In contrast, HA-PEG-DSPE exhibited longer surface maintenance after the initial coating process compared to HA-PEG-DMPE and HA-PEG-Chol. Specifically, 30.75% of HA-PEG-DMPE and 72.84% of HA-PEG-Chol were removed from the NK cell surface within 60 min (Fig. 3E). In contrast, only 15.46% of HA-PEG-DSPE was discarded from the NK cells surface after 60 min of incubation. The long-term retention ability of DSPE compared to DMPE is closely related to their hydrophobicity. Hydrophobic biomaterials anchor to the cell membrane via hydrophobic interactions. Consequently, HA-PEG-DSPE with longer lipid carbon chain (i.e., higher hydrophobicity) exhibited prolonged retention on the NK cell surface compared to HA-PEG-DMPE. Moreover, Chol could be rapidly exchanged into NK cell cytoplasm by the Chol delivery pathway [27, 30]. Mammalian cells typically acquire Chol through the receptor-mediated endocytosis of low-density lipoproteins (LDLs), which predominantly consist of Chol fatty acid esters. Once lysosomal acid lipase hydrolyzes cholesteryl fatty acid esters into free Chol, it activates the endocytic Chol transport routes, facilitating Chol uptake via receptors present on the cell surface [31, 32]. Similar results were also exhibited in the previous study [27]. In this study, Yang et al., synthesized aptamer-lipid (two-tail C18 hydrocarbon chains or Chol) conjugates for the NK cell surface engineering. As a result, aptamer-Chol rapidly disappeared from the NK cell surface within 15 min (> 80% reduction). On the other hand, the two-tail C18 hydrocarbon chains stably remained (> 90% remained) on the NK cell surface for 60 min. Hence, DSPE mediated biomaterials with robust hydrophobicity and enduring retention capability emerge as dependable lipid candidates for engineering NK cell surfaces. Furthermore, this notable anchoring attribute holds significance in upholding the steadfast presence of NK cells on surfaces, particularly under dynamic blood flow conditions upon their introduction into the body. Therefore, HADS-NK cells could be utilized as a promising and effective cell therapy agent that reliably reaches tumors post-administration into the body, recognizes specific targets, and effectively eliminates them.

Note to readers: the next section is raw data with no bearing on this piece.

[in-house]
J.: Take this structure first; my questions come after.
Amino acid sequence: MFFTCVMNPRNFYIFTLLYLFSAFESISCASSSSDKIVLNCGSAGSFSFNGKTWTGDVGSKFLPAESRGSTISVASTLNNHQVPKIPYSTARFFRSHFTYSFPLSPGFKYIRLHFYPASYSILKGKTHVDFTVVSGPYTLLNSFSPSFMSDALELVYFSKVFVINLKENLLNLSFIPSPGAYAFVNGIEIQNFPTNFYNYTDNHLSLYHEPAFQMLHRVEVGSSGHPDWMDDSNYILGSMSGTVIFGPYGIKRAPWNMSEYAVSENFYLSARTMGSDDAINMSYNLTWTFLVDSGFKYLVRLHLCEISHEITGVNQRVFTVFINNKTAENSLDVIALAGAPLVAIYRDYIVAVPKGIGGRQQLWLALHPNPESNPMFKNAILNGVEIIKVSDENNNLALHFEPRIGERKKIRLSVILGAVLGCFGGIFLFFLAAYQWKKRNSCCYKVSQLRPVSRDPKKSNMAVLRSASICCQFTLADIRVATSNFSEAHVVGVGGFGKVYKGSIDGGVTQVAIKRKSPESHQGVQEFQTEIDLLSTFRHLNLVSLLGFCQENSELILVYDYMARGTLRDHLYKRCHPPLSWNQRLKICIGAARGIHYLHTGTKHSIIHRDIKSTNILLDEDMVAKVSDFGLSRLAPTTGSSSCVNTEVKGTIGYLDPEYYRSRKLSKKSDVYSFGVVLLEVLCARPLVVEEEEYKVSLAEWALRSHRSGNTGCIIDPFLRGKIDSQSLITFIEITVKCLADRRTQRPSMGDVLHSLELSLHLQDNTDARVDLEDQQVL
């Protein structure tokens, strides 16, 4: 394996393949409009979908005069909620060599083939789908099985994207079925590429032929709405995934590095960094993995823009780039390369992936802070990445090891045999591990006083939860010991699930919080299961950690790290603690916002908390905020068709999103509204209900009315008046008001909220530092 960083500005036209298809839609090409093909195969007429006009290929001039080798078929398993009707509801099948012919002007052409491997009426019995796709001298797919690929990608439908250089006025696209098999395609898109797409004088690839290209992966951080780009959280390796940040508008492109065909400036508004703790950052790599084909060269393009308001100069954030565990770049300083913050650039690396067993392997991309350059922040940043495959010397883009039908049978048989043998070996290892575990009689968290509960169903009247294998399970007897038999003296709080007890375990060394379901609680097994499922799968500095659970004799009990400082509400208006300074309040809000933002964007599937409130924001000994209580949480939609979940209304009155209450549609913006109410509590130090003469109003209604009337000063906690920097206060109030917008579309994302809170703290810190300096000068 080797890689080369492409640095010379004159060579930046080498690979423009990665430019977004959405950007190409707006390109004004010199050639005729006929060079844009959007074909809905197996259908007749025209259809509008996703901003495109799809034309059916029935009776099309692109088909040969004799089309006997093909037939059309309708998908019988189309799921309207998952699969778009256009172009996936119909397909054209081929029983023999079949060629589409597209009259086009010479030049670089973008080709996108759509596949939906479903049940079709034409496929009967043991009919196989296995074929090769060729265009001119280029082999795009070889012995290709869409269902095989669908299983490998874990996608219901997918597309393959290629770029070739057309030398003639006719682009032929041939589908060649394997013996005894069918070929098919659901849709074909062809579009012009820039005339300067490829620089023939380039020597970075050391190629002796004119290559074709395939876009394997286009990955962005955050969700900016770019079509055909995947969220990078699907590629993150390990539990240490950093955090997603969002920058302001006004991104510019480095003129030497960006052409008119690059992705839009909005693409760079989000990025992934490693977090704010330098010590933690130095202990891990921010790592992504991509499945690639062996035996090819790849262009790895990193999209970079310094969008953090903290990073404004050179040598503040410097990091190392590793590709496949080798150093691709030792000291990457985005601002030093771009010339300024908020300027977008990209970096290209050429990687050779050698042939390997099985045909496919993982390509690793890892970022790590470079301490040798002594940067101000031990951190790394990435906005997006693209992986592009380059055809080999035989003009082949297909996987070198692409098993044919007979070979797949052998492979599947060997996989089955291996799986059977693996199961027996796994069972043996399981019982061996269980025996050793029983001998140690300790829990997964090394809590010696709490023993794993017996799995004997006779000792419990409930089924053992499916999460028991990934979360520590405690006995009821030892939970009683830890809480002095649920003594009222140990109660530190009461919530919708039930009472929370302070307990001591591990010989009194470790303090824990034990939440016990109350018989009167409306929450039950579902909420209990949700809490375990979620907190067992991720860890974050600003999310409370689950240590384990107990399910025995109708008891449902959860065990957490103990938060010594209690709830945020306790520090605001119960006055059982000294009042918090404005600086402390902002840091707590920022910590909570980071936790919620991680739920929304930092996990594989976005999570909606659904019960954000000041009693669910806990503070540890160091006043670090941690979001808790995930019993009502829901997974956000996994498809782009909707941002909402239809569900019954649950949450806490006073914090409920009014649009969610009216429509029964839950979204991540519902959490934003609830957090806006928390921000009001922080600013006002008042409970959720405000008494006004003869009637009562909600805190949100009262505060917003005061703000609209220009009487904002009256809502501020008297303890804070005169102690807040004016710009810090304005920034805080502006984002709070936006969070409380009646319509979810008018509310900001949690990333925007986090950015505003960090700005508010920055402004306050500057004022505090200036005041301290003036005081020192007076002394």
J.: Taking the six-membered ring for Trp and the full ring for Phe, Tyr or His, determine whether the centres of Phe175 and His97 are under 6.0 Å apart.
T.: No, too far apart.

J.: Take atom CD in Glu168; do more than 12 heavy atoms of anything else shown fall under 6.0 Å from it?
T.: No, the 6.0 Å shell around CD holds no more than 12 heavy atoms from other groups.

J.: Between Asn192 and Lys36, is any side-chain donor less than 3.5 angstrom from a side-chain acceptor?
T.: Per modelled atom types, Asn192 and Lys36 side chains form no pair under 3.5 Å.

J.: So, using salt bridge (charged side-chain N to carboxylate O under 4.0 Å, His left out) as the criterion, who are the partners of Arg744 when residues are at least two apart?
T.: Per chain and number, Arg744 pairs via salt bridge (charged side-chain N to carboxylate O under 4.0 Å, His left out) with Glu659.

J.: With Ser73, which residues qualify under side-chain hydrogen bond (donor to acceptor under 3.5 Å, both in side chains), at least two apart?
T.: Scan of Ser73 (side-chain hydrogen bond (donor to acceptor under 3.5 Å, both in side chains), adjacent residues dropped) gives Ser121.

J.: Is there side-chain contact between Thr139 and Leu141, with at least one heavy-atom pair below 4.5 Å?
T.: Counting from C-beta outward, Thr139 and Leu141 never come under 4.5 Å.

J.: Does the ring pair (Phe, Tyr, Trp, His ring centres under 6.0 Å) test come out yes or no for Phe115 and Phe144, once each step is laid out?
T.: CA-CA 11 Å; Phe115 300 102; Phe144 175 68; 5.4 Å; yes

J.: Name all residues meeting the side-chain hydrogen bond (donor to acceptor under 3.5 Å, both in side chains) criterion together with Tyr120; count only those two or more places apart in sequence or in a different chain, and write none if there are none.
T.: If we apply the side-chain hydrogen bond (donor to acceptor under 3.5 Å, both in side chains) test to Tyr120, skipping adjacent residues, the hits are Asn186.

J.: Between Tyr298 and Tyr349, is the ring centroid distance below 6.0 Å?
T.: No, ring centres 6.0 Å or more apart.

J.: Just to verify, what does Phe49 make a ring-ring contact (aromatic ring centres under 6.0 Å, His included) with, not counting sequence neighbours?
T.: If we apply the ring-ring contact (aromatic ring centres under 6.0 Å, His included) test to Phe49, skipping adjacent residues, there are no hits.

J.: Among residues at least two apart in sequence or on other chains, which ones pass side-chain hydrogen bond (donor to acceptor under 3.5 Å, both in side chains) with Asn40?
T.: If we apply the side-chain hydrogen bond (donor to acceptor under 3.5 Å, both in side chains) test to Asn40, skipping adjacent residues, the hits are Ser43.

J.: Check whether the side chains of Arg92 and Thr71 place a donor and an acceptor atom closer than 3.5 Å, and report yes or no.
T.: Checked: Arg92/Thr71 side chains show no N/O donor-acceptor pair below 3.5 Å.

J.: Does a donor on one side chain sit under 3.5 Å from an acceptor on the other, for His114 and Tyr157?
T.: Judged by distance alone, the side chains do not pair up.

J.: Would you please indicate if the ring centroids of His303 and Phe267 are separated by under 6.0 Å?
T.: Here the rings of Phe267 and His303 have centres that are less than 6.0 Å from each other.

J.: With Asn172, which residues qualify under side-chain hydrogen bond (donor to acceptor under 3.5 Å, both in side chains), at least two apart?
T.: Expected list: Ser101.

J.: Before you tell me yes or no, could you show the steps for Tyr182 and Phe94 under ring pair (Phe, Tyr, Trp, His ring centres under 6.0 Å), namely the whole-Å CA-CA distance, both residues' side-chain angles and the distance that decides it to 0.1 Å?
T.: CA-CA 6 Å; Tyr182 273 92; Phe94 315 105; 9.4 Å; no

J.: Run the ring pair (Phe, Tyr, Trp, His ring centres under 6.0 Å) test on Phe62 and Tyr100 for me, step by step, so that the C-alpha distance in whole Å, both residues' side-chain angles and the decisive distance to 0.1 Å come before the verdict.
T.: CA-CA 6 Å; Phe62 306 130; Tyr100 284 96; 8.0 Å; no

3.3 Preservation of surface signaling components in HALipid-NK cells